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Hong Kong is spoiled for choice when it comes to high-end Japanese dining options, but few can offer a setting as spectacular as Zuma. The cavernous, 10,000sqft space features not one but three open kitchens (including the sushi counter, robata counter and the main kitchen), while there is also a slick bar area upstairs and a sizeable terrace that represents one of the chicest al fresco dining spaces in the city. As you descend the stairs from the entrance into the stylishly adorned, high-ceilinged main room, the irresistible buzz and presence of the city’s great, good and eminently stylish should let you know you’ve come to the right place.
Billed as a contemporary izakaya, Zuma’s menu is eclectic and intriguing, putting an artful twist on modern Japanese cuisine. It’s hard to pass up at least a small selection from the robata grill, so try the lip-smacking chicken skewers with baby leek with your apertifs. The smaller plates on the menu tend to comprise an ingenious blend of tastes and textures, always presented with thought and flair. The big-eye tuna tartare with miso is enlivened by a lime-salt zestiness, while the thinly sliced seabass sashimi with yuzu, truffle oil and salmon roe offers a surprising mix of subtle flavours and an ocean-fresh blast of moreish minerality. The larger plates usually include a changing selection of dishes built around the freshest seasonal produce, but if in doubt go for the old favourite of miso-marinated black cod – if only all fish were this succulent. As you might expect, sushi and sashimi feature heavily, and there are a variety of creative maki rolls (we loved the salmon, chirashi and yellowtail with avocado) but for the finest selection, and for the sheer spectacle, go for the sashimi omakase, the chef’s choice of premium cuts served with panache in an oversized, ice-filled dish. Do try to leave room for dessert though – the chocolate cake should melt even the hardiest of savoury hearts.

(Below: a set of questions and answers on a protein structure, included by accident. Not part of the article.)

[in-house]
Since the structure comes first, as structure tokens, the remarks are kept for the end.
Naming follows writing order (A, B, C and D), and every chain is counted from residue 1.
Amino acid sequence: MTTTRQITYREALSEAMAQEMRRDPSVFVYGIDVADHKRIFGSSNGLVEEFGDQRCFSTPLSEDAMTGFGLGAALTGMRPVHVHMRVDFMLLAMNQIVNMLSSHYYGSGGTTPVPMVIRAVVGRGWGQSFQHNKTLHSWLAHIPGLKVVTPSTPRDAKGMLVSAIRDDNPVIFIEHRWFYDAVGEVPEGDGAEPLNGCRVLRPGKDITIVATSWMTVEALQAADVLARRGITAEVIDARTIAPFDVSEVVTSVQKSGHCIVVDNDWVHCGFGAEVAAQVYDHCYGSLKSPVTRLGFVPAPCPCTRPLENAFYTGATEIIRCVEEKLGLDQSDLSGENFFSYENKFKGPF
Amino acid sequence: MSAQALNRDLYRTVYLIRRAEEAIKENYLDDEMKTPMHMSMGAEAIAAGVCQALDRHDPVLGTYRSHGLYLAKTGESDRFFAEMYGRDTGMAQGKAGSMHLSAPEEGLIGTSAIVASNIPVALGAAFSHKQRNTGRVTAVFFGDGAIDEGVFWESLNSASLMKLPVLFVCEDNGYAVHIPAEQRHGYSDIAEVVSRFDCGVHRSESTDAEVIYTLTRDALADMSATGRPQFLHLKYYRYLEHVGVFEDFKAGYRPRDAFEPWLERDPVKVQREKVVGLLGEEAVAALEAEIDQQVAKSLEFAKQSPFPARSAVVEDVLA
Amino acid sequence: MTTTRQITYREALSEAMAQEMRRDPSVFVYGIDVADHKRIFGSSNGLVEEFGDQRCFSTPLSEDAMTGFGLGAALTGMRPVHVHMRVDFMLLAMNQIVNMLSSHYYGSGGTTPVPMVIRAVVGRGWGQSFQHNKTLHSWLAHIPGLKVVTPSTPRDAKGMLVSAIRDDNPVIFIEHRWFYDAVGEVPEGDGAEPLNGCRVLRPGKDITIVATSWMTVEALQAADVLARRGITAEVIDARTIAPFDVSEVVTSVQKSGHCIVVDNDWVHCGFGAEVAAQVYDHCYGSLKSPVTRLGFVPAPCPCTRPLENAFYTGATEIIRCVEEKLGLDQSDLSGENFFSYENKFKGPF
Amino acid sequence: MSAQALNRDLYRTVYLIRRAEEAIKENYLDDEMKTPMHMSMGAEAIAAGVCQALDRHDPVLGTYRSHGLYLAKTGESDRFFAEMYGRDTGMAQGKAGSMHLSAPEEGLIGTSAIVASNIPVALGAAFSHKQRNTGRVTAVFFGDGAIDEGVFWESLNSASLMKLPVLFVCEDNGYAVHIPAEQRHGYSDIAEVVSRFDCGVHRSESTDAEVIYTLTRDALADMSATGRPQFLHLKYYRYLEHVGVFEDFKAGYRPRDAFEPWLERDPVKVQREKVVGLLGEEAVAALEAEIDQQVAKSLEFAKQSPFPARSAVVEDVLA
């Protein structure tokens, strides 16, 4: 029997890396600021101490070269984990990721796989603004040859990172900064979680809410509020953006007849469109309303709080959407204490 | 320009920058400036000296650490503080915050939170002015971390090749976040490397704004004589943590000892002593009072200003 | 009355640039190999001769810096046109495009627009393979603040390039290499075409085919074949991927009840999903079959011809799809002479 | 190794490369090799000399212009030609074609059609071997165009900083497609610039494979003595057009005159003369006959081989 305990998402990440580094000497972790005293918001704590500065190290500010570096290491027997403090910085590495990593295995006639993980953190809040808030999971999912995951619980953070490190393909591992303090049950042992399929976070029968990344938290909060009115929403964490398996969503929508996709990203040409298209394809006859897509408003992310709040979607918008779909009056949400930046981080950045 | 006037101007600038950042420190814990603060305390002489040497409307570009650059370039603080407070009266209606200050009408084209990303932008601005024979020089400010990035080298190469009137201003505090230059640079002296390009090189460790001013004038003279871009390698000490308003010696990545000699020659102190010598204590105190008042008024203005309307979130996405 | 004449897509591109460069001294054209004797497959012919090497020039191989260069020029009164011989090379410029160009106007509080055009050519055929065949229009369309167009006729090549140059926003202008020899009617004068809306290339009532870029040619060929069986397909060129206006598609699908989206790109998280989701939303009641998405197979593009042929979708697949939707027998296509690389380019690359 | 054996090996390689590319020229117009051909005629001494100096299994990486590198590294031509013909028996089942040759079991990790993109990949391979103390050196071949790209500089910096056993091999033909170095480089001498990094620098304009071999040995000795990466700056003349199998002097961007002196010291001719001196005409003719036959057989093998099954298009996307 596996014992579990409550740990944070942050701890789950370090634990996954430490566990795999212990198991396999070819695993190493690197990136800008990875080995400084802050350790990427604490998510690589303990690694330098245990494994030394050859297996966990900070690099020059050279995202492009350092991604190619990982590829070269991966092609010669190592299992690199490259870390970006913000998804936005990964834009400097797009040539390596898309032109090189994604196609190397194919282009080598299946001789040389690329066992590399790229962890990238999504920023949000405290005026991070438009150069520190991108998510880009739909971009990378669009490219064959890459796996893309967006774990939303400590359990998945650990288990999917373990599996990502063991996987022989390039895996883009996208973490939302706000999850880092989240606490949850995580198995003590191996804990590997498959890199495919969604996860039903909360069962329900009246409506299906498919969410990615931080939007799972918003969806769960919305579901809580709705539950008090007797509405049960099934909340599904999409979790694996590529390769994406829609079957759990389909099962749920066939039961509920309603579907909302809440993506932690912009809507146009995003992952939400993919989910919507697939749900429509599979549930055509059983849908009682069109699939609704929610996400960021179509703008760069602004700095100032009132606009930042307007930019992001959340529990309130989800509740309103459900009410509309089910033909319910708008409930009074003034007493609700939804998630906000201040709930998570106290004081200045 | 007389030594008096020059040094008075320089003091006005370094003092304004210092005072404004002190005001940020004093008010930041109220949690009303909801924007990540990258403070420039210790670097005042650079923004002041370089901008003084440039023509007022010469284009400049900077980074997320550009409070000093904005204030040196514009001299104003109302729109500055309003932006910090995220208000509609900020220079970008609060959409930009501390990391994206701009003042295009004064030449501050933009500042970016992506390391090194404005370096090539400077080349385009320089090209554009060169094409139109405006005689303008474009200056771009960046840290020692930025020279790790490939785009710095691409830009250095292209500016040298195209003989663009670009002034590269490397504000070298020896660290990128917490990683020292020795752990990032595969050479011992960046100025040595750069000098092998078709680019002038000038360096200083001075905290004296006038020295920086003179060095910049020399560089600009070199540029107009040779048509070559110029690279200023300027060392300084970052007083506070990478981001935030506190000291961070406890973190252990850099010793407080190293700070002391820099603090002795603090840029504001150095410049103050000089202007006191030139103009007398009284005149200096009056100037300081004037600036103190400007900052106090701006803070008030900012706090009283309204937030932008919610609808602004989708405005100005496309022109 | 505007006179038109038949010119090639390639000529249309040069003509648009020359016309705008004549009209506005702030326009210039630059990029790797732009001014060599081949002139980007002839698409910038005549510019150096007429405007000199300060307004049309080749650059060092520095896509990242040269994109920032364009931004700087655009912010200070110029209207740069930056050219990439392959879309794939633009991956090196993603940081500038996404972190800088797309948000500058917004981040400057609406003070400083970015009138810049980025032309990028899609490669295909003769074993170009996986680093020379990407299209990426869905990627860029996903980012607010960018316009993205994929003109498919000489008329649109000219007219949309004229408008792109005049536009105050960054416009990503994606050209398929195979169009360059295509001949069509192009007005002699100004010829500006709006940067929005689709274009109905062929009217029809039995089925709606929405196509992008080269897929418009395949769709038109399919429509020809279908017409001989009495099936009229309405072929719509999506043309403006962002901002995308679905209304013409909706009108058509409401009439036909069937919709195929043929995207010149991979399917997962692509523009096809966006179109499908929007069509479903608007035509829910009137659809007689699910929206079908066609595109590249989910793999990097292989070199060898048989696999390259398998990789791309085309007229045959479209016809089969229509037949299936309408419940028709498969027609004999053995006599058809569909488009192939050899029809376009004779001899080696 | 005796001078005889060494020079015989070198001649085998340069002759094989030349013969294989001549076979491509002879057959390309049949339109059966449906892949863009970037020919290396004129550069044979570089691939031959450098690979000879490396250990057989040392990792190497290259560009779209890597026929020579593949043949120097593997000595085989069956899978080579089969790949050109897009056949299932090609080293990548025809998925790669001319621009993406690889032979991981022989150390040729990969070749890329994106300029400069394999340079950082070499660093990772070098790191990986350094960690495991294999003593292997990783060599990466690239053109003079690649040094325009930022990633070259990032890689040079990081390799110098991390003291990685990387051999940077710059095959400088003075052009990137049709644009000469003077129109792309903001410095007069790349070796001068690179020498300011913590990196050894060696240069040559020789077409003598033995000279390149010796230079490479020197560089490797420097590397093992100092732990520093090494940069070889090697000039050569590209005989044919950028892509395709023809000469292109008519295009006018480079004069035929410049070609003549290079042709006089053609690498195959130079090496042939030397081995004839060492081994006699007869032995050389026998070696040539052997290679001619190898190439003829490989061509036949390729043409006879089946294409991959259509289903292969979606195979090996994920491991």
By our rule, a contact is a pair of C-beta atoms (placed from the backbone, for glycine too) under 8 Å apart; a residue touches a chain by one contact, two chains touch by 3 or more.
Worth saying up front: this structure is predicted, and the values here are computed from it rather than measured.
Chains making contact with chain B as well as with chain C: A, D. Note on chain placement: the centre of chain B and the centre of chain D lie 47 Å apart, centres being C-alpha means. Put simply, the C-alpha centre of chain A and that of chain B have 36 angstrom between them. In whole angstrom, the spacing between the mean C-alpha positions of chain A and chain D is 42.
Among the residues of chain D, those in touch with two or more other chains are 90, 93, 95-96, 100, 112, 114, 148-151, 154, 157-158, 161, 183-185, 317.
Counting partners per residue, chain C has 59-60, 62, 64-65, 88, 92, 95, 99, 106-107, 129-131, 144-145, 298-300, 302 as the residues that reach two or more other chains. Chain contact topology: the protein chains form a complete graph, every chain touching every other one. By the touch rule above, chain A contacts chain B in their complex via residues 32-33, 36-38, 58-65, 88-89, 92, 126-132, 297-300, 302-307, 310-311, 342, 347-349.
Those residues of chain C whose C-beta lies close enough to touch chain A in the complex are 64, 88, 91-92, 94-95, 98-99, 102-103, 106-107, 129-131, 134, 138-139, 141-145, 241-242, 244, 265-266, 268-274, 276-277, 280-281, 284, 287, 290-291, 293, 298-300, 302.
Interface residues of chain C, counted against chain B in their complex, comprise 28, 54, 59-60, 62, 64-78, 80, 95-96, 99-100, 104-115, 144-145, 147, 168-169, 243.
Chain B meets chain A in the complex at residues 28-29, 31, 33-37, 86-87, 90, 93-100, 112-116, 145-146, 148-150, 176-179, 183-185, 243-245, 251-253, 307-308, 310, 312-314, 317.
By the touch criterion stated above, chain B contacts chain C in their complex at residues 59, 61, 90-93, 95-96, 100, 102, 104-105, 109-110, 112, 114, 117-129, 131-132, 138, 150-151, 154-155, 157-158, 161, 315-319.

The wine list includes several tipples by the glass and offers more than sufficient for all but the most demanding of drinkers, while the sake selection is as impressively diverse as it is well edited. But make sure you also sample one of their unique cocktails too; it’s what the outdoor terrace was made for.
The staff are particularly attentive at Zuma, though they remain unobtrusive when they need to be. On the evidence of our visit, they were well versed in most aspects of the menu, while the chef personally came to our table to answer a more specific query we had about one of the dishes; a nice touch.
At around HK$1,200 per head, Zuma is not what you’d call inexpensive, but the quality of the ingredients, preparation, setting and ambience will have you returning time and time again.